Spotify halted the download sales of its music through its UK service, Pocket-lint found earlier today, and this change doesn’t just apply to Spotify’s free users. Apparently its premium subscribers aren’t immune and have also been restricted from downloading music.
Spotify’s strategy to edge into iTunes market share has all about crumbled despite having amassed over 20 million subscribers, of which a fourth pay for the service. Spotify responded to Pocket-lint’s findings and confirmed that it indeed, for now, has shut down its music download feature. “We recently updated Spotify to further simplify the service and pave the way for new features announced at the end of last year. In-app purchases aren’t part of this update but we’re not ruling out their return. Credits/gift cards already purchased are still redeemable,” Spotify says. And the U.K. isn’t the only country that has been affected. All countries that had music downloading enabled – the United States wasn’t a part of the program, for the record – will also find that part of the service discontinued.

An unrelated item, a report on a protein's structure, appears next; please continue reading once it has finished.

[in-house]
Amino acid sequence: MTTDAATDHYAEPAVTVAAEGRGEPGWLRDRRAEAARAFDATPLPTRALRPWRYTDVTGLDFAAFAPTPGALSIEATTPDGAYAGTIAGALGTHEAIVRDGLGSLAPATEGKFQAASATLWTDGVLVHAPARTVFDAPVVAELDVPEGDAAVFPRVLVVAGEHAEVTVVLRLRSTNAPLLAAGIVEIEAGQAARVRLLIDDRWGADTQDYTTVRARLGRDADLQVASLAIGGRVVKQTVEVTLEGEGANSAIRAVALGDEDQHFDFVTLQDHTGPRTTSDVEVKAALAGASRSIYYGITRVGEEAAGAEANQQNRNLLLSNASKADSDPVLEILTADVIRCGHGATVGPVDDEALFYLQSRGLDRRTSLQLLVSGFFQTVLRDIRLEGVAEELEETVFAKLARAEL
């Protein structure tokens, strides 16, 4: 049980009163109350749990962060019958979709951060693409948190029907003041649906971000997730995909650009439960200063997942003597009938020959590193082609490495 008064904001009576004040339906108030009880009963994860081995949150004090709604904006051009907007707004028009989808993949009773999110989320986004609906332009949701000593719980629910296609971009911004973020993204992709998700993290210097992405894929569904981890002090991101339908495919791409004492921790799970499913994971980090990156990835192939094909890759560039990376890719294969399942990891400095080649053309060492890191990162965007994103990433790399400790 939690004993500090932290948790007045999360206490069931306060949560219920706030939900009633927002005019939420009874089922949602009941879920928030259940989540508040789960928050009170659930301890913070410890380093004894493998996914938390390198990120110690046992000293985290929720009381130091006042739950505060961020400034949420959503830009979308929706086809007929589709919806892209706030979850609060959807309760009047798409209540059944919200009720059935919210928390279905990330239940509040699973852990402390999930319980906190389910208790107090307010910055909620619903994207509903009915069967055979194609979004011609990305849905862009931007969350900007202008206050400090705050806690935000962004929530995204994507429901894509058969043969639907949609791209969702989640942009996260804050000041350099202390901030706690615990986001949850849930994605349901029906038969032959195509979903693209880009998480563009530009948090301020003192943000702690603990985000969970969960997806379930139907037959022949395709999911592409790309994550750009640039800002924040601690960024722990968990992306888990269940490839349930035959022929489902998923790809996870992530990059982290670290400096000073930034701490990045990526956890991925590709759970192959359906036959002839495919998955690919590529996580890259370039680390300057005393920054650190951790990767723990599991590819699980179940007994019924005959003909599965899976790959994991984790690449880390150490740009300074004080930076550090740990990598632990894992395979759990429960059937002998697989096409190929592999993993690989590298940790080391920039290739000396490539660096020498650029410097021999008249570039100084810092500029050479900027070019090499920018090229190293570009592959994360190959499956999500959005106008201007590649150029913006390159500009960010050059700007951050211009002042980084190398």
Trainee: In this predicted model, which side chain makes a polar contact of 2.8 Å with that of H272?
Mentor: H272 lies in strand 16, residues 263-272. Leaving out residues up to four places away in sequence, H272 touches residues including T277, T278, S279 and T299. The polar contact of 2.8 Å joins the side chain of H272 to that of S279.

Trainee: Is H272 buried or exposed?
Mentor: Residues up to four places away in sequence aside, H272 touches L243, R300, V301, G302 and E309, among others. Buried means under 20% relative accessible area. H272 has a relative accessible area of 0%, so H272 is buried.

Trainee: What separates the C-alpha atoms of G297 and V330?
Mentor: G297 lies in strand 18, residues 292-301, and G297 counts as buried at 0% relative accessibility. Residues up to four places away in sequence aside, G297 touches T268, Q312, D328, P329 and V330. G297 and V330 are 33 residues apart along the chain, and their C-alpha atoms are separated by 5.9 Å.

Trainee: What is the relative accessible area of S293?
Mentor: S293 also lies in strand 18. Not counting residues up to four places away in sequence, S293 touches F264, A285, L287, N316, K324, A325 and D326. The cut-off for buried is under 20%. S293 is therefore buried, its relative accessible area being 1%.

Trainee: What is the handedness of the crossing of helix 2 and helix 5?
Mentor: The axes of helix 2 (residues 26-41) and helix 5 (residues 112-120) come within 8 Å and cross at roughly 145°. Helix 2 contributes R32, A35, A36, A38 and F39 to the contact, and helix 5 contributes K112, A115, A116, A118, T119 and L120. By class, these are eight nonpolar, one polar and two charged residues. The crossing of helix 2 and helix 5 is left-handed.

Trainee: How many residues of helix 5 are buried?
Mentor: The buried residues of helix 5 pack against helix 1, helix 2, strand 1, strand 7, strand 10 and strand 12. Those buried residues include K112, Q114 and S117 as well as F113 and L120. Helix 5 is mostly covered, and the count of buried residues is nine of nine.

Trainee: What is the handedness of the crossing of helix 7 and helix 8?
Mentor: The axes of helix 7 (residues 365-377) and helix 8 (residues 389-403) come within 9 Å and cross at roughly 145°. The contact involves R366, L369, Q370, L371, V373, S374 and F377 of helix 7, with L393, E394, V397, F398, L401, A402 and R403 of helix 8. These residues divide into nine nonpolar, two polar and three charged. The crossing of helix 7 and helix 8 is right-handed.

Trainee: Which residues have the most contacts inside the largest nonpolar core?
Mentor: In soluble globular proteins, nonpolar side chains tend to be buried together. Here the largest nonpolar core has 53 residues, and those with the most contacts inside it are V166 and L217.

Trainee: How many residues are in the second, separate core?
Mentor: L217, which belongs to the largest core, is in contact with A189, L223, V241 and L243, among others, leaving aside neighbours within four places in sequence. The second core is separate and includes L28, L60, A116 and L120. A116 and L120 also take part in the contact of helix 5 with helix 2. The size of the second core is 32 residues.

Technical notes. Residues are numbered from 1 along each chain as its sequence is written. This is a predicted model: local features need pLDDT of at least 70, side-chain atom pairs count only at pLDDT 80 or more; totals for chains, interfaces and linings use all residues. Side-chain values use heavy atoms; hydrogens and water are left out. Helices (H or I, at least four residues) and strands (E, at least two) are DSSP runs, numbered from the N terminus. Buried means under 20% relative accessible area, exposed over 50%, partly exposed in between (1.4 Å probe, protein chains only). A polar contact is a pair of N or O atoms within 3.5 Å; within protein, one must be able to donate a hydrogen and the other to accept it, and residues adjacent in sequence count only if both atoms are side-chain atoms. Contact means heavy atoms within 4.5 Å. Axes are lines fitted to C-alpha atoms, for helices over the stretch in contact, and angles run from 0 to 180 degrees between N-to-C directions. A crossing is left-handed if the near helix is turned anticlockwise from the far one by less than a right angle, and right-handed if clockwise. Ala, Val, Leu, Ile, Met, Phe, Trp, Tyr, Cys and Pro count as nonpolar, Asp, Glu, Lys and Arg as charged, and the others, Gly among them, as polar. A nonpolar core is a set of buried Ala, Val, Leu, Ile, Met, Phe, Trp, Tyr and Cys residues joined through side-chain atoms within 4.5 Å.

If you’re looking for an alternative streaming application that allows you to download tracks, you can try Rhapsody (which has 16 million songs available). Spotify’s music catalogue, however, looks like it was recently bumped up and now boasts 20 million tracks, up from the 16 million figure it was at a month ago.
Like Spotify’s response indicated, both free and subscribing users can opt to download songs using Spotify’s downloadable gift card, “as long as it’s one of the cards that features ‘Downloads’ as an option,” and existing songs that you may have downloaded prior to the update won’t be affected. But it’s still an inconvenience, and could send a reasonable user flocking to iTunes.
Spotify hasn’t provided any further details or a concrete explanation for its decision. Despite the loss of this feature and any negative ideas it could spell for Spotify, a Nielsen and Billboard report published today paints a favorable picture for music downloads in 2012, even in the face of many streaming application launches. Music sales grew by 3.1 percent in 2012 for a total of 1.65 billion units sold, and digital album sales shot up 14 percent.
The best explanation for the shuttering of Spotify downloads is simply that subscribers weren’t using the function. A source close to Spotify told TechCrunch as much. In other words, very few will miss the music download option. On a second note, the source says that its bundle download program – essentially encouraging you to buy dozens of tracks at a discount – was a dud.
Maybe users prefer the comforts of iTunes, or find that buying a track when paying to listen to the same track for free defeats the purpose. Whatever the case may be, it’s safe to say this feature is going to be shelved and forgotten.
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